Five affordable housing projects are getting a financial boost from tax credits and other subsidies that will allow them to seek more private financing.

State affordable housing authority MaineHousing announced Monday that it has awarded $6.8 million in financial incentives to five projects in Portland, South Portland, Waterville and Bangor. The tax credits and other subsidies will generate an additional $37 million in equity from private investors to build or improve affordable housing, it said.

Washington Gardens in Portland

The five developments were selected from 15 proposals that requested a total of over $10.3 million, the Augusta-based housing authority said. Winners were awarded $3.8 million in federal tax credits and $3 million in other subsidies from MaineHousing. Developments that received funding include the first phase of a historic textile mill redevelopment in Waterville and a project to upgrade 100 units of public housing in Portland.

“There’s a great need in Maine for more apartments that are affordable,” MaineHousing Director Daniel Brennan said. “These tax credits are among the main drivers of affordable housing creation in Maine – and are a great example of the public-private partnerships we need to address Maine’s significant housing needs.”

The winning projects are Washington Gardens, a 100-unit affordable housing project in Portland for older adults and others with special housing needs; Front Street Redevelopment I, a 48-unit project in Portland for mixed-income families; West End Apartments II, a 40-unit project in South Portland for mixed-income families; Lockwood Mill I, a 47-unit project in Waterville for mixed-income families, and Newton Place, a 40-unit project in Bangor for older adults and victims of domestic violence.

Developers leading the projects include the Portland Housing Authority, Avesta Housing of Portland, North River Co. of Brunswick and Penquis CAP of Bangor.


The combined investment will create or preserve 317 housing units, according to MaineHousing. Of those units, 275 will serve households at or below 60 percent of their respective area’s median income, it said.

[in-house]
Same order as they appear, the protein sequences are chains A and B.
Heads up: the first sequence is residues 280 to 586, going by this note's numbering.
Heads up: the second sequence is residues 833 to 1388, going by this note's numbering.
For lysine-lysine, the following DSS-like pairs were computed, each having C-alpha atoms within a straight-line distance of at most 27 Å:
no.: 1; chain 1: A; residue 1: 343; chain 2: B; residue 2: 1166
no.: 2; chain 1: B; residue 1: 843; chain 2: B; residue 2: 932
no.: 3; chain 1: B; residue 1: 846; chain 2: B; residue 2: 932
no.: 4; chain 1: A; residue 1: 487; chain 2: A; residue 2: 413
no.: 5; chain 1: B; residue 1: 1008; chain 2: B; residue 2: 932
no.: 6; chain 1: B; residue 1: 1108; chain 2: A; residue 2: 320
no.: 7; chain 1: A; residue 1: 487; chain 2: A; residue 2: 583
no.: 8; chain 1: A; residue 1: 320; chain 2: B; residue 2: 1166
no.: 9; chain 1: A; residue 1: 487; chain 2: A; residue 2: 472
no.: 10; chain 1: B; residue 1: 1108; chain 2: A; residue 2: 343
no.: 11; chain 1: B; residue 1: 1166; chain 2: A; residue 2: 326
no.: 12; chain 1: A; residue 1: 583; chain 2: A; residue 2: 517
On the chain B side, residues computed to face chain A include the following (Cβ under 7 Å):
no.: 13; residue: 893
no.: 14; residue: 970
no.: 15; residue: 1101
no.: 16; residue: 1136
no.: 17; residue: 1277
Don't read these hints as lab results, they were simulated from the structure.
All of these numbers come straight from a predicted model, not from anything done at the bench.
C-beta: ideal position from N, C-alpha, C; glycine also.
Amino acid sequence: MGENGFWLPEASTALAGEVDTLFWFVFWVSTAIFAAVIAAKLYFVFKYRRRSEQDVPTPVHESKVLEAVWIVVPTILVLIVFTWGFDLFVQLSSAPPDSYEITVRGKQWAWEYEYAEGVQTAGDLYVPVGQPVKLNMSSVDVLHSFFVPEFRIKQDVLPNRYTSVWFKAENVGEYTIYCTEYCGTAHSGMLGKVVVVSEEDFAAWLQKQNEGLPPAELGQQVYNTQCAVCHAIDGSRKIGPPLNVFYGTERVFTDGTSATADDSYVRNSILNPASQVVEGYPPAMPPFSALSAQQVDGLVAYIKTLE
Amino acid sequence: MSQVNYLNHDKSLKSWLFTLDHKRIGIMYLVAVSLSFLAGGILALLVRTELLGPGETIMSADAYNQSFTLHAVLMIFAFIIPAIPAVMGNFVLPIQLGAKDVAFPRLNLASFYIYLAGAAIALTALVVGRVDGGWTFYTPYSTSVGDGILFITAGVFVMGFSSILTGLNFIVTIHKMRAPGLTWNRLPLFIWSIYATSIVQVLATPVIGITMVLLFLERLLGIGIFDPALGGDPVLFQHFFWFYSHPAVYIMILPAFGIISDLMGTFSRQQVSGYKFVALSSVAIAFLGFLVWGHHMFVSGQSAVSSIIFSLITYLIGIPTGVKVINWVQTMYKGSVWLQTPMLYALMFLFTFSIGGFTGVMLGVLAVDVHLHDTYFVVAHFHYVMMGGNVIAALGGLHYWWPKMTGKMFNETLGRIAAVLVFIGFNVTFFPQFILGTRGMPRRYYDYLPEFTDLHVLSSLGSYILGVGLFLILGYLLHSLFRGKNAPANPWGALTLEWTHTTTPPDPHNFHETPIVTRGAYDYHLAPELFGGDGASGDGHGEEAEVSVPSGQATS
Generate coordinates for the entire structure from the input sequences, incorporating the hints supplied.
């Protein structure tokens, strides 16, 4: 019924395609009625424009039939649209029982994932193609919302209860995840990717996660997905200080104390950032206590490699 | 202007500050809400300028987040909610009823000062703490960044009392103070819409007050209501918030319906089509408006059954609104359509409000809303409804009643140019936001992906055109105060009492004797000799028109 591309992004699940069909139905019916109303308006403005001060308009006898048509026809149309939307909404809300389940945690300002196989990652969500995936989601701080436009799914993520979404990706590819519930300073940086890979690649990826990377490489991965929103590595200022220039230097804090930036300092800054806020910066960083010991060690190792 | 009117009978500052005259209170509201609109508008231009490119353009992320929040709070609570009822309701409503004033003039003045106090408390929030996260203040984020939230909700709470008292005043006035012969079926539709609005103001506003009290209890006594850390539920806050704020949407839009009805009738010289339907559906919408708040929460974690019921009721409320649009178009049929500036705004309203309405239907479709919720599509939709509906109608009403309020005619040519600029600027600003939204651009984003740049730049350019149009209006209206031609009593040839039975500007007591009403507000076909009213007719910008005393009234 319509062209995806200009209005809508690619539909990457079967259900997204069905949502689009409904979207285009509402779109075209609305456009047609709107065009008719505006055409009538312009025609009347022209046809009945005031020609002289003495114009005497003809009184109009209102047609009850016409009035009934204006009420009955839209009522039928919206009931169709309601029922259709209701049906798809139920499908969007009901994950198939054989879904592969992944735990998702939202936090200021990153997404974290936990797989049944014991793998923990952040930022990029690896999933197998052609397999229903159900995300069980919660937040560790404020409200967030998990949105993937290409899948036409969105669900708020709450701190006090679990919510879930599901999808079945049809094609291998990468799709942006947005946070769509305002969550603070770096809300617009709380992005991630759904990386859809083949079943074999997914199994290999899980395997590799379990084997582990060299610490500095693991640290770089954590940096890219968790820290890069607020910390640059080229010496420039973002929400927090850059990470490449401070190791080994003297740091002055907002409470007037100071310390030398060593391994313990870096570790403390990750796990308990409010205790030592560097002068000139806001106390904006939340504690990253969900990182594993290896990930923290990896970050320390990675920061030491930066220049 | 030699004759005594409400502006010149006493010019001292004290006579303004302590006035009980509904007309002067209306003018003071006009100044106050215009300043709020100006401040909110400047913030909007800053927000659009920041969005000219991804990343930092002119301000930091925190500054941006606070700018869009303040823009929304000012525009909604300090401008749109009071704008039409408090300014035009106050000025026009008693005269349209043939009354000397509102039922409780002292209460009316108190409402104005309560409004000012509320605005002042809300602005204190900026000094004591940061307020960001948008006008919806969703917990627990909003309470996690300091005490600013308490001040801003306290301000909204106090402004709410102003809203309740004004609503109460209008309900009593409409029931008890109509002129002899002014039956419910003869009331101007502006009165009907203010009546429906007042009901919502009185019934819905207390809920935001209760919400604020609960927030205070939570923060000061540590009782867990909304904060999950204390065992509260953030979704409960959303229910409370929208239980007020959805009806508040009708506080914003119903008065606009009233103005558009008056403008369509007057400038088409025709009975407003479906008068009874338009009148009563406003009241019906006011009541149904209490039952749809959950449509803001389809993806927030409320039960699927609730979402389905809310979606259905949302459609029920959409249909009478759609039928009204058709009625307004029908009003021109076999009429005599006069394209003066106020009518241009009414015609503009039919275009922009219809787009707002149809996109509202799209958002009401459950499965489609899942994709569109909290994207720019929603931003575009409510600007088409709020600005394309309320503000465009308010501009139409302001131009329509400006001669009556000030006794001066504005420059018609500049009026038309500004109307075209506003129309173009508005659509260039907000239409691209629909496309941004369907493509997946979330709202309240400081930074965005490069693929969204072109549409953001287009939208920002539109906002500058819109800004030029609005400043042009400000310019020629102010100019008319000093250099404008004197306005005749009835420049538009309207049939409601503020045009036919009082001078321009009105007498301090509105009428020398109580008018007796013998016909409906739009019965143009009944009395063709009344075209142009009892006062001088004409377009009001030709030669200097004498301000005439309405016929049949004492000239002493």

The availability of affordable housing is a persistent problem, especially in the Portland area. The median household income in Portland is about $51,800 a year, nearly half what is needed to afford the median home price of $316,000. Almost half the city’s renters are paying at least a third of their income on housing, the standard upper limit of affordability.

Brennan said all of the developer applications were strong, but MaineHousing has limited funds available for subsidies. Projects not receiving tax credits or other funds will be placed on a waiting list for future awards, he said.

“We’ll look to fund as many as possible with our available funding in the very near future,” Brennan said.

He said 2020 should provide better opportunities for developers of affordable housing in Maine to receive subsidies because of favorable actions by Gov. Janet Mills and the Legislature. He said the financial incentives make it possible for developers to charge tenants lower rents because incentives reduce or eliminate the amount of borrowing necessary to complete a project.

Brennan said Maine needs about 20,000 additional units of affordable housing throughout the state. Much of the need is for affordable senior housing, he said. MaineHousing plans to announce by the end of this year the recipients of a voter-approved $15 million bond package for senior housing projects in Maine, which was held up by former Gov. Paul LePage but later authorized by Mills.

MaineHousing is an independent state authority created to address the problems of unsafe, unsuitable, overcrowded and unaffordable housing in the state. A $1.8 billion financial institution with a staff of over 160 people, it assists more than 90,000 Maine households and invests more than $300 million in the Maine economy annually.

It is the agency that allocates all federal housing tax credits in Maine. Each year, MaineHousing allocates tax credits through a process that scores applications on a 100-point scale based on factors such as the proposed development’s access to amenities, services and transportation, and the financial feasibility of the development.

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